Since its inception in 1970, Earth Day has brought millions of people together to celebrate our world’s environment. The day has also focused our attention on environmental problems such as pollution, flooding and littering.
Join the Lower Raritan Watershed Partnership, Franklin Township Environmental Commission, the Watershed Institute, and others for an Earth Day clean-up of Seeleys Run!
WHAT: a clean-up of Seeleys Run on Saturday April 18
WHEN: 9:30 am – noon
WHERE: Back corner of the Somerset Village parking lot, 900 Easton Avenue, Franklin Township (enter by the IHOP)
SPECIAL NOTE: Please wear closed toe shoes and clothes you are willing to get dirty and wet. Bring a reusable water bottle. Gloves, bags and light refreshments will be provided!
***For more information contact Stan Jaracz, Franklin Environmental Commission member at email@example.com***
You may wonder why it is so important to keep our waterways clean. Streams, rivers and other waterbodies make up the watershed where we all live. Watersheds are areas of land where runoff from rain and snow drains into a lake, stream, river or wetland. These watersheds are full of life. They provide habitat for fish, birds and wildlife. They are also a source of drinking water for homes and businesses. The Lower Raritan Watershed Partnership and The Watershed Institute share a joint mission to keep water clean, safe and healthy through conservation, advocacy, science and education.
The Lower Raritan Watershed Partnership invites you and your favorite young person to learn about watershed health, the role of arts in environmental outreach, and to join us in stewardship by creating “watershed sculptures” for inclusion in our 2020 Sculpture Project gallery installation.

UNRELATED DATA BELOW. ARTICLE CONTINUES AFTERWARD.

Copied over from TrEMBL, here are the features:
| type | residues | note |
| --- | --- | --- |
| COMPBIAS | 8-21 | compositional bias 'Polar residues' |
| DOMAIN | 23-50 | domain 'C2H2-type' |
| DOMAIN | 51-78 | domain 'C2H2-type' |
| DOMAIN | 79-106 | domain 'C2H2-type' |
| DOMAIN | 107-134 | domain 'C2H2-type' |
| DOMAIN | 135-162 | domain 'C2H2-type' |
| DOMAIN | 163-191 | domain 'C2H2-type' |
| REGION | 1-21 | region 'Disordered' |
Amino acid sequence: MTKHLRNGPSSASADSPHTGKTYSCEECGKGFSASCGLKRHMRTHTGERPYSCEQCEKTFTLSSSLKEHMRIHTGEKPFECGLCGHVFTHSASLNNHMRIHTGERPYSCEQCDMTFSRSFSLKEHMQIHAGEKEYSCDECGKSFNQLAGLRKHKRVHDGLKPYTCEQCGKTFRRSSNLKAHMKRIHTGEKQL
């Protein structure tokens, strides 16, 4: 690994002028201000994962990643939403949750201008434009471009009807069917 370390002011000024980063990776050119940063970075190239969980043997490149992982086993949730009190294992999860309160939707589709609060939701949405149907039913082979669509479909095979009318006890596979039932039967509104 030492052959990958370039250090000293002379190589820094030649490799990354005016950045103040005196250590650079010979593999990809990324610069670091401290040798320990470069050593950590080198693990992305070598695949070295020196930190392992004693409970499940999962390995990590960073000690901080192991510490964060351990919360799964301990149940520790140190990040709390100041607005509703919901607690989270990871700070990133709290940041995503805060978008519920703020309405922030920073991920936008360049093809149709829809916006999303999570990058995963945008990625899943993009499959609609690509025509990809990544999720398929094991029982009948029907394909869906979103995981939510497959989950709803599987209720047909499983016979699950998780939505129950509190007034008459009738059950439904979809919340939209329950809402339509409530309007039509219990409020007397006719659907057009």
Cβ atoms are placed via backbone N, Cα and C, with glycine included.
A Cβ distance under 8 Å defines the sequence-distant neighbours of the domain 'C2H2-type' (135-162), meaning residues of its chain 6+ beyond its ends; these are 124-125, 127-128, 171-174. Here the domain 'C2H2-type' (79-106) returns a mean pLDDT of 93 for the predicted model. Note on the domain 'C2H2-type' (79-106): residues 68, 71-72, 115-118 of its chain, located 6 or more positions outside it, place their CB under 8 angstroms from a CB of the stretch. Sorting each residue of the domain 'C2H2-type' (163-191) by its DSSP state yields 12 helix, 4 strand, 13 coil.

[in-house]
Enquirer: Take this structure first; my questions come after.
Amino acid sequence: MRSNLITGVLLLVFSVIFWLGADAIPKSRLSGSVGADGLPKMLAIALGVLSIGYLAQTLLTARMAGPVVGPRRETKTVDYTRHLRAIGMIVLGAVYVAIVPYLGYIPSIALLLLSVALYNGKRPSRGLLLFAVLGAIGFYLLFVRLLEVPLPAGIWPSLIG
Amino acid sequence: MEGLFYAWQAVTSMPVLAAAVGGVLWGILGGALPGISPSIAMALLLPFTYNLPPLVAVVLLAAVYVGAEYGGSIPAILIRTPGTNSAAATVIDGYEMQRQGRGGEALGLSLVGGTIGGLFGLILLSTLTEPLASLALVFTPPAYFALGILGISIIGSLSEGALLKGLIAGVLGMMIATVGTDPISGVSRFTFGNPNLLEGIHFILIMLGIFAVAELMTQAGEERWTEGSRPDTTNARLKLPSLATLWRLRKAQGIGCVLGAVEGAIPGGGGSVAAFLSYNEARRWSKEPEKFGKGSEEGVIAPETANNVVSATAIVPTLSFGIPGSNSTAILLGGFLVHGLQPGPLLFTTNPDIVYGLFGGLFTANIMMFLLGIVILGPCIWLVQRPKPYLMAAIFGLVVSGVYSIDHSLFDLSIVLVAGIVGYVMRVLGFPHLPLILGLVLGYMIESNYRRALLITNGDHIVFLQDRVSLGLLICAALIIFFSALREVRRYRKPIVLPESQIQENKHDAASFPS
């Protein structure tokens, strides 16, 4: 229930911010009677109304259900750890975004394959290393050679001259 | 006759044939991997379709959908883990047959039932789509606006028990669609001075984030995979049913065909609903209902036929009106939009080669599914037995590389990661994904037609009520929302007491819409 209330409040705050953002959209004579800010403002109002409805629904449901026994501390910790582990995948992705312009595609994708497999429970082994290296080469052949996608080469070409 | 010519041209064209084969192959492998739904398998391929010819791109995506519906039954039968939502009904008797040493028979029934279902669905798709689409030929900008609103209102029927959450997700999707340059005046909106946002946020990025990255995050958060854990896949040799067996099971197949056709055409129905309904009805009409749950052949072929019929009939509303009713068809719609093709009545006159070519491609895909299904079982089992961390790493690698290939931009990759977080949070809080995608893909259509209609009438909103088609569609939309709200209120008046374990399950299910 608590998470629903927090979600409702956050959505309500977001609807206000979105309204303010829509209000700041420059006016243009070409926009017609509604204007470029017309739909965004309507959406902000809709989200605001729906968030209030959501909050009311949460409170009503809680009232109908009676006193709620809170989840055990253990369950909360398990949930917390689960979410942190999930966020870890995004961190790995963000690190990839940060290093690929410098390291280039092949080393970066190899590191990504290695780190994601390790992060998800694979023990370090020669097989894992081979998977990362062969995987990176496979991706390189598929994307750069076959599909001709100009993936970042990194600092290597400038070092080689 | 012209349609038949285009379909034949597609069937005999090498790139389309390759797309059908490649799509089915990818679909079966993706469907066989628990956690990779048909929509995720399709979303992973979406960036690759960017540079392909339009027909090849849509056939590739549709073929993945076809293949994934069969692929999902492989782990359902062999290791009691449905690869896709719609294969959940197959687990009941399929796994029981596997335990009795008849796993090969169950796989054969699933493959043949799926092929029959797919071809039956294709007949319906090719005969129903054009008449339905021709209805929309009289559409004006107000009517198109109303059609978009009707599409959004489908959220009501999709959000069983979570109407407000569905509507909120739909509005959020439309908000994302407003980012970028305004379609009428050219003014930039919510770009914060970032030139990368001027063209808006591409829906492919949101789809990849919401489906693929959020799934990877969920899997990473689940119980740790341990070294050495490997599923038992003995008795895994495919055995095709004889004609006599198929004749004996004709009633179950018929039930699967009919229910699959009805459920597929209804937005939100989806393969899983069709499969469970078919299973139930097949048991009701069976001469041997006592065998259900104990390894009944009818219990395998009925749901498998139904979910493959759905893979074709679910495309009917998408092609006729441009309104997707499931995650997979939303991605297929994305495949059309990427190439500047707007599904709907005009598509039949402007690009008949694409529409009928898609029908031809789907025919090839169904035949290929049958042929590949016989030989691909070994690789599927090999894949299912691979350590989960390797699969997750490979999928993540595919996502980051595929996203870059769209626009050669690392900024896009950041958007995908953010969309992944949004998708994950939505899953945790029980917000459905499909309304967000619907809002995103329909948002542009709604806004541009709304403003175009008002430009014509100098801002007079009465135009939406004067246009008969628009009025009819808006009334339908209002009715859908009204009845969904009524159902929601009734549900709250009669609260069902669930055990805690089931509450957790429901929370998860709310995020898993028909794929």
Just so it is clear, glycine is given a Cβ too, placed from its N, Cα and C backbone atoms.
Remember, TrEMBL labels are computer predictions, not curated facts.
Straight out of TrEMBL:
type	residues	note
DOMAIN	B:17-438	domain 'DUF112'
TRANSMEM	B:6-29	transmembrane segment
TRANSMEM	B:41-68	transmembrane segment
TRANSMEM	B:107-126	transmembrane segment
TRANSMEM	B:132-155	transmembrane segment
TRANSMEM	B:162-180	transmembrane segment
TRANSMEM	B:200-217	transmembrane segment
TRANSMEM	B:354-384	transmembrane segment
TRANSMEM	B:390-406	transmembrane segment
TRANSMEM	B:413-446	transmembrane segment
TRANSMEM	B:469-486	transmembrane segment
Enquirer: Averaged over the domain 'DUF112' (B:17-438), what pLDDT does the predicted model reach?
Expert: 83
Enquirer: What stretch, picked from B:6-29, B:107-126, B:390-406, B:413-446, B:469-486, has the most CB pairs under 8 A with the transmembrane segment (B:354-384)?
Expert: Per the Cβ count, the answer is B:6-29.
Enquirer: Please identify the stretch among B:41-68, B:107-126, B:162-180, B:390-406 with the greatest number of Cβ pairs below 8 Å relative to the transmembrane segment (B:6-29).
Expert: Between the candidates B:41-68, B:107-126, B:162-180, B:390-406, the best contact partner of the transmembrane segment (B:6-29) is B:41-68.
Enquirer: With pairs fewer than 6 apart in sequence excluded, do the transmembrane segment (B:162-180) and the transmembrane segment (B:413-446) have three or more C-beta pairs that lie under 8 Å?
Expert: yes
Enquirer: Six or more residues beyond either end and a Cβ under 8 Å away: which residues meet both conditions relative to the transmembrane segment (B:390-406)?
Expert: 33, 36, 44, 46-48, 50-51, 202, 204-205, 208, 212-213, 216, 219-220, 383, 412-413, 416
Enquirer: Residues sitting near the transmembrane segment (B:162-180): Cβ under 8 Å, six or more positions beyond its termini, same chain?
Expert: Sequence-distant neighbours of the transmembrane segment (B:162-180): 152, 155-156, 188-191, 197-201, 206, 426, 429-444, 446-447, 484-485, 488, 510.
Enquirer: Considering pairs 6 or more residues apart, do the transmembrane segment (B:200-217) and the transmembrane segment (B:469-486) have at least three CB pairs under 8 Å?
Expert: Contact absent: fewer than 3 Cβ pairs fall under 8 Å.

This FREE event will be held on Saturday March 7 from 2-4 pm at the Milltown Senior Center: 60 Violet Terrace, Milltown, NJ 08850
So that we can be sure we have adequate supplies, preregistration is requested.
Grant funding has been provided by the Middlesex County Board of Chosen Freeholders through a grant award from the Middlesex County Cultural and Arts Trust Fund.
Program funded by Middlesex County, a partner of the New Jersey State Council on the Arts.
PARK(ing) Day is one of our favorite days of the year. What’s not to like about taking over hard, impervious parking lot surfaces and re-purposing them into beautiful pop-up-parks for public enjoyment? This year the Lower Raritan Watershed Partnership teamed up with the Rutgers Landscape Architecture Club, New Jersey Chapter of the American Society of Landscape Architects – NJASLA and Garden of Healing Yoga & Wellness to make magic happen in downtown New Brunswick. With thanks to videographer Will Atwater for this recap of the day.